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Finding Our New Superpowers

Norman Bacal

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I finally watched The Batman movie last night. My wife and I needed to find an evening where we could find three consecutive hours to watch it start to finish and still be awake at the end. We used to cross the street to see the Sunday matinees at the Cineplex across the street, but all that changed with the pandemic.

The movie had great reviews, but I found it very dark. The music was relentlessly melodramatic as was the lighting and the Batman himself. The Kevlar suit he wears should be patented and sold to police forces around the world. Multiple shotgun blasts don’t even knock him over. I doubt he even bruised.

Even Bruce Wayne, the reliable comic book good guy, has been set up as a walking psychological nightmare.

Am I the only one that doesn’t get it?

I’m also not much of a fan of the Marvel movies, which strike me as eighty minutes of special effects, involving incredible damage to property and collateral death, and about ten minutes of dialogue.

All of this leads me to wonder about their popularity. What is it that drives them?

The movies are based on similar premises: one or more flawed personalities, with some kind of power that sets them apart do good in the world. They are often misperceived and misunderstood by others, isolated, and sad. The era of the Steve Reeves All-American Superman and Adam West’s parody of Batman that I grew up with has been replaced by an entirely different, paradigm.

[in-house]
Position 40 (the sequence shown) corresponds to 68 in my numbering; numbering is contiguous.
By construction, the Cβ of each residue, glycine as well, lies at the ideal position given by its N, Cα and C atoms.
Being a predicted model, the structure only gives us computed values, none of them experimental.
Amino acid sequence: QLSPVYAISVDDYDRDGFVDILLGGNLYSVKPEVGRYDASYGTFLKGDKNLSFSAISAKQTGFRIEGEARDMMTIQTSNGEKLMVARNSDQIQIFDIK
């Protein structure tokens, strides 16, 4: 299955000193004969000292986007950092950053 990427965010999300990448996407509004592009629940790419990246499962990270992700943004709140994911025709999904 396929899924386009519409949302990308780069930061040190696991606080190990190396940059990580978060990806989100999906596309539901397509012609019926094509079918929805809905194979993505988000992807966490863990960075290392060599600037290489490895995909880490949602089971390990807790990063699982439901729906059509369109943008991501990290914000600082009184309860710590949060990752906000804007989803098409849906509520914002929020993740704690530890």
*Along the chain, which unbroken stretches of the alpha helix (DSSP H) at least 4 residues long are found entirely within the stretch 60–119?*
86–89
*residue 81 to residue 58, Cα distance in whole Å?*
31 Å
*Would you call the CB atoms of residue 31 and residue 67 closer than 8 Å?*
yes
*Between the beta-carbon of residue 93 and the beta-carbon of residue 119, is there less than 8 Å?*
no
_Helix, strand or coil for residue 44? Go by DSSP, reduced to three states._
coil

It’s all about the superpower. If we dig deep into ourselves, we can find it. We may be misunderstood, undervalued by others, discontented from time to time, struggling to find our way through the world, yet each of us has some superpower to keep us going.

And just like in the movies, that superpower is the flip side of coin in which you perceive your greatest weakness lies.

For me it’s been an ability to manage difficult people. I am a born mediator. I like peace and understand how to promote it. I can manage extraordinarily difficult people, but not by defeating them courageously. Instead, I talk to them and mostly listen, figure out how to support them and only then try and move them off their positions just a few inches.

I am still called into the business world from time to time to deal with personality clashes between partners or among leadership teams.

However this superpower leaves me with a dreaded flaw. I am not the person you would ever want at your side defending you against an evil foe: like the brother you will never speak to again or the friend who has just devastated you. I will not pick up my smartphone and give them tongue lashing that will make you feel so much better.

When you need someone to defend you from the onslaught of the evil “other” I am far more likely to try to de-escalate than to defeat. That can be very disappointing to the people around me who expect to be defended at all costs. Occasionally I beat myself up over that weakness. As I get older I’ve come to understand that I can’t do what I’m not wired to do. I focus on the superpower and not on the superflaw.

What about you? Have you given any thought to your own superpowers and how they work for you? Take a moment to think about what it is that you will always see as a weakness. Then take another moment and focus on your superpower and the good it’s doing in the world.

Benjamin Hotel
Benjamin Hotel

ABOUT THE AUTHOR

Norman Bacal

Norman Bacal is an accomplished best-selling author. After practicing law for over 35 years, Norman shifted to writing, where he has now published numerous books across fiction and non-fiction.

A proud father of four and grandfather of six, Norman enjoys spending free time playing golf and bridge.

He resides in Toronto, Canada.

Visit Norman's Official Website